Blitzortung Build

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Blitzortung Build

The idea of being part of a contributing community of enthusiasts holds a great appeal for me, and the Blitzortung project just ticks all the boxes, there is a practical element of construction of the printed circuit boards and housing in enclosures, then learning new things in the way you download and flash the controller, of course their is huge satisfaction in watching it work and accessing your stations data via either lightningmaps or  Blitzortung site.

The kit comes in different variations, depending if you want to source components locally or not (this also has an effect on the cost of postage), the whole concept is built on 'not for profit' so the kit becomes affordable, I opted for the full kit and therefore it came completed with all components required for the build, a resistor was missing from the kit, but I had one so it was no great shakes, to be honest as I feel I'm contributing to the project, their would have had to have been something significant missing for me to bother the Blitzortung team.

The kit has two printed circuit board which needed the components fitted and soldering, the total build time for the boards was probably 8 hours as I did it over a few days as I didn't want to rush it, the tools I used and needed were:

  • Tweezers
  • Optivisor as I really struggled to see some of the smaller parts
  • Multimeter for confirming the values of resistors
  • Side cutters
  • Switch Cleaner to degrease the boards prior to soldering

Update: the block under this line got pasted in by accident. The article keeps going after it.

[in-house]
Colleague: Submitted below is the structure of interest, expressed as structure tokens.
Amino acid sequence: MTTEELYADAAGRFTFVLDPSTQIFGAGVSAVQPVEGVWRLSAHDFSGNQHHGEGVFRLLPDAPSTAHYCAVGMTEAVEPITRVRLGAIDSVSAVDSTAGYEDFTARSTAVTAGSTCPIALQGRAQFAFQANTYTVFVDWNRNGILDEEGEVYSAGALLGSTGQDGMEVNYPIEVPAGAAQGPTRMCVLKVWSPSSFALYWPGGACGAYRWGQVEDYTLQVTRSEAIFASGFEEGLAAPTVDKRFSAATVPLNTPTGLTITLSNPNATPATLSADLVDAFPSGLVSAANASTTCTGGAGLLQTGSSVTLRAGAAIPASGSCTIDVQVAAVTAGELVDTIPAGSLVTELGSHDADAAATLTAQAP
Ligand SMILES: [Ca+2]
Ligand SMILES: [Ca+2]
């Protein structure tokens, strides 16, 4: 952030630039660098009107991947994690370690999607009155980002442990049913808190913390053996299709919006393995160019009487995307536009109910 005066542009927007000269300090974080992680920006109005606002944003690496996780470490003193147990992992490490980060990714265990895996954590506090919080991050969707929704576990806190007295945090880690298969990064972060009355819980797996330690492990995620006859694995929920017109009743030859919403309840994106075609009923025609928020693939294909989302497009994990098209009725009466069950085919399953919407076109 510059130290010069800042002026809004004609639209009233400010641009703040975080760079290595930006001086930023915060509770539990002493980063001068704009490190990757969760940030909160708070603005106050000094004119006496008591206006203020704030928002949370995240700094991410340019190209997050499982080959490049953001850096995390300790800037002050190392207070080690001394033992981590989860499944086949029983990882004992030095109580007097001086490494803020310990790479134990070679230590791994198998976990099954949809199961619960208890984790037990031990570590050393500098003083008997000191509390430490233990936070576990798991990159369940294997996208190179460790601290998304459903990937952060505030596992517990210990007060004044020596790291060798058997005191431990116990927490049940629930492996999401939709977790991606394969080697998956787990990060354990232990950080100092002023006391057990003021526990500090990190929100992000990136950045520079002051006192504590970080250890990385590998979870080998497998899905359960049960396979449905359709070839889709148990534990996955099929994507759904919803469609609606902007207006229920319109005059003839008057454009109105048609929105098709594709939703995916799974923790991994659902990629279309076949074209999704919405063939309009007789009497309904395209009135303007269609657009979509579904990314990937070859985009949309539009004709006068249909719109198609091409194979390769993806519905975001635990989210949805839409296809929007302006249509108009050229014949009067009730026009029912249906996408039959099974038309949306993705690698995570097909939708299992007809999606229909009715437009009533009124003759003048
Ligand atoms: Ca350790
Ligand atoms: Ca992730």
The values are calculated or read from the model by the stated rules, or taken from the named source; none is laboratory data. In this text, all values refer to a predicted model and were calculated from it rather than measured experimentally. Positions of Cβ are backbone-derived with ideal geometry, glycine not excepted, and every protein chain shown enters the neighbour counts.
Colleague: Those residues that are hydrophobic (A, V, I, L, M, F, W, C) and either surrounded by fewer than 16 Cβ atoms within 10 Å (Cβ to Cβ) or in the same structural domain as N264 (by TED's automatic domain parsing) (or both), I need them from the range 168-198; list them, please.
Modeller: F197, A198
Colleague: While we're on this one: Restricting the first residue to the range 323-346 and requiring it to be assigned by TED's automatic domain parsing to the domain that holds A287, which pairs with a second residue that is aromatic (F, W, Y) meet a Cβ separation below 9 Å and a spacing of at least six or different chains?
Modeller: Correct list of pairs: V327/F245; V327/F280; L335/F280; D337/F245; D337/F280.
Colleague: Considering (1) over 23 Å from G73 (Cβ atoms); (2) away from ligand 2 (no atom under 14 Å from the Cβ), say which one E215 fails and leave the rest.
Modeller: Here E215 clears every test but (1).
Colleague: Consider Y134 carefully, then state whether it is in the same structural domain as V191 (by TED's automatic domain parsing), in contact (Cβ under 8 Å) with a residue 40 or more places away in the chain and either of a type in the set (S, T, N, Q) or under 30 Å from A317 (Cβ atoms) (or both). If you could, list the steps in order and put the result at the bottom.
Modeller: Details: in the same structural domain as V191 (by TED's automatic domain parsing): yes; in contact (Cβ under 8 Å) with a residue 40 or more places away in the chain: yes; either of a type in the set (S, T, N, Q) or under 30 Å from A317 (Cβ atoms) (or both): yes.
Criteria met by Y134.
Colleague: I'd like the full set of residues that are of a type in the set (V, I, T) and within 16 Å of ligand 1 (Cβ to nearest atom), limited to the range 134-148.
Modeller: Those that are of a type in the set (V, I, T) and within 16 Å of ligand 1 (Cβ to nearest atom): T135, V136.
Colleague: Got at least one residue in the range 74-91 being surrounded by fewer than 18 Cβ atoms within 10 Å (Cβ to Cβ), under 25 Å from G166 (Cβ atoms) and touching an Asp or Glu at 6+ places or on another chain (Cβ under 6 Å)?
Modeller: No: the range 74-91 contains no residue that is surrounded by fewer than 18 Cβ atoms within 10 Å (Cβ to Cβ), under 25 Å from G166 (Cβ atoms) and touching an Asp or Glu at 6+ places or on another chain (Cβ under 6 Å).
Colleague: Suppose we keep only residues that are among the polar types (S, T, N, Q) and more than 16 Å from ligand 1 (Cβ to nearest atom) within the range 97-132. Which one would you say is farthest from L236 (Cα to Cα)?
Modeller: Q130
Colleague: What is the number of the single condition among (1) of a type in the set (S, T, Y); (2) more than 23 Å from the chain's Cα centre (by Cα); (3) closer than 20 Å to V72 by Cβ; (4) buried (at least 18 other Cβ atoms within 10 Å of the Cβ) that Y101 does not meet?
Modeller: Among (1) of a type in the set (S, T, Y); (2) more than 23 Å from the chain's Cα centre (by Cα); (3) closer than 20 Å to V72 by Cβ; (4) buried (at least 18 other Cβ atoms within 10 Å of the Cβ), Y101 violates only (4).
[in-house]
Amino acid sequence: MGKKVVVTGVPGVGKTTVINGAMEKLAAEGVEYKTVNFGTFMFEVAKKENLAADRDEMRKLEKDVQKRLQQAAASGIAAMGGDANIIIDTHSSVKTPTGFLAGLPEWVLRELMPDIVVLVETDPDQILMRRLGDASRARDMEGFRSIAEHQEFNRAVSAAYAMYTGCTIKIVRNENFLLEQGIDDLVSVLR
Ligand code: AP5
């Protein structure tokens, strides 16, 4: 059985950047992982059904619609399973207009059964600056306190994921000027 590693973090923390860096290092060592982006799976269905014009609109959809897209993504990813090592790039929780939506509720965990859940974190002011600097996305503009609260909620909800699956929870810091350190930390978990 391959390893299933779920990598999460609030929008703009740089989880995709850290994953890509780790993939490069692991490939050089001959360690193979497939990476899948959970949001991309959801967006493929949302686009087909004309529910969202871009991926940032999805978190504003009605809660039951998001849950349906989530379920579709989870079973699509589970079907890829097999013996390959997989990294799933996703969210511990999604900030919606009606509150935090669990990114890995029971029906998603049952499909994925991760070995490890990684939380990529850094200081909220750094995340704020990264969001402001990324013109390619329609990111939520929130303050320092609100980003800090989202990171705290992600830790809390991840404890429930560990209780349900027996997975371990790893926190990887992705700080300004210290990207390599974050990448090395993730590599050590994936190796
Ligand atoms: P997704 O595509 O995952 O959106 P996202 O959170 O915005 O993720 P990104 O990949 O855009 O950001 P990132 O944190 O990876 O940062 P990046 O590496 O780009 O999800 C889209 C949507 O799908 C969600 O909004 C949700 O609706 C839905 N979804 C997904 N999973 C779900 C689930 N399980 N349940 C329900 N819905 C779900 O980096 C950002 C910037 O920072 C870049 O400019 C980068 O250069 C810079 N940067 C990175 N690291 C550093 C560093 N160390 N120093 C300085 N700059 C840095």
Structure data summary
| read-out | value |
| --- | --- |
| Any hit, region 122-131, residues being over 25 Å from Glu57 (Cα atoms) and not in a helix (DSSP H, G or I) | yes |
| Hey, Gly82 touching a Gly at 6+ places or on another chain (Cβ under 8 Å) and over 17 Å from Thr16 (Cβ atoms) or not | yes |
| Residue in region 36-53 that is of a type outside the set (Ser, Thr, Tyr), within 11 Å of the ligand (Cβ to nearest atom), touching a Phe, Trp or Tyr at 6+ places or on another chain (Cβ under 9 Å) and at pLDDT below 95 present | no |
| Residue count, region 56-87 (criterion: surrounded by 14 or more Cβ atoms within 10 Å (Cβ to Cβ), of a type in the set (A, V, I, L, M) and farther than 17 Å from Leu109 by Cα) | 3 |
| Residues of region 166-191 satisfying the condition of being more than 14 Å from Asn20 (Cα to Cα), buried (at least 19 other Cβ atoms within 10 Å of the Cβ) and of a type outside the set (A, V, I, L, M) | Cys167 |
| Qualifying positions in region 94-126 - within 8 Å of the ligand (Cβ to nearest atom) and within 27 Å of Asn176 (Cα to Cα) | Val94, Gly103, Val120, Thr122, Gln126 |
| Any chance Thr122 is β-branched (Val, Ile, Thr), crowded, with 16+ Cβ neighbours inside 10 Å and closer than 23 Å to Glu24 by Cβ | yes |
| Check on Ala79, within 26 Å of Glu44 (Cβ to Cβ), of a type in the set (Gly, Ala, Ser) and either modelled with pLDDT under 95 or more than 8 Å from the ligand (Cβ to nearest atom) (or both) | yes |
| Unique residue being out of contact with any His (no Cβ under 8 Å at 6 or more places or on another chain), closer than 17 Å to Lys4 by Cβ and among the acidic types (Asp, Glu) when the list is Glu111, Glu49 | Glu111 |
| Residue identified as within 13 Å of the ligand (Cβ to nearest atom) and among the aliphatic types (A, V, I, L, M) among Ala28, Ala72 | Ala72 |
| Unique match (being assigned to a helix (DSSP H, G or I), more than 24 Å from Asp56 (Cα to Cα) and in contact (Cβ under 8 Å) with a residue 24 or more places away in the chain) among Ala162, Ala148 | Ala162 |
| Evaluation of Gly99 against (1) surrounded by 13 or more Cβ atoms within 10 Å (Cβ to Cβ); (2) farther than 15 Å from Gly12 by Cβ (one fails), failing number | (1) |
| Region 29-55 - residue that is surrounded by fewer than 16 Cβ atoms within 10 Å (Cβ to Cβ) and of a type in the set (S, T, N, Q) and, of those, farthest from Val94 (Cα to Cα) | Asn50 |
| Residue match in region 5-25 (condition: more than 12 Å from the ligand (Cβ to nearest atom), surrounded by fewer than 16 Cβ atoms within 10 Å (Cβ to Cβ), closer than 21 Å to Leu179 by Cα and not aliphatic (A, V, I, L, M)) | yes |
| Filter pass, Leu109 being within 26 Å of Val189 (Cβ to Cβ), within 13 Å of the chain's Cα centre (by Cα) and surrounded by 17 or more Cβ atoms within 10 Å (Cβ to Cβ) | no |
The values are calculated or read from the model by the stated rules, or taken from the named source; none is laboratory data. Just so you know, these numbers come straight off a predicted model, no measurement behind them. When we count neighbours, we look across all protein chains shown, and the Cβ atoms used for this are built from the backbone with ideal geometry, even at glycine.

• Solder
  • Soldering frame you could simply use a car washing sponge with elastic bands to hold the parts in place while you turn it over to solder them in.
  • Desoldering pump
  • 15w pencil tip soldering iron
  • 25w soldering iron for the GPS plug and terminal blocks
  • Miniature long nose pliers to bend the leads rather than strain the component
  • Bits box to contain all the parts
Components sorted and PCB in frame   Component leads through PCB ready for soldering    
GPS module is tiny   Controller - those who have built one will be smiling as the four capacitors between the rows of sockets MUST lay flat, I had to order more from eBay because I didn't reads the instructions!!    
Amplifier mounted in adaptable box, I used PVC conduit for the antenna tubes.   Outlets for antenna to controller and mini USB for programming.    
Antenna & Amplifier assembly in loft   GPS module, no need to mount it outside it's seeing all the satellites. (Green cable is to Antenna)    
Dry lining box installed in plasterboard wall   Frame fixed to wall using the dry lining screws    
PCB standoffs support controller and hide fixing screws   I always leave the power connection till last    
Controller mounted in frame   Setup in the man cave.    

Fortunately everything powered up OK, soldering the GPS module was the hardest part as once you bridge solder it can be a right pain to get rid of, the copper tape used around the antennas is from eBay and believe it or not it's self-adhesive slug tape 4M x 30mm and cost £2.49.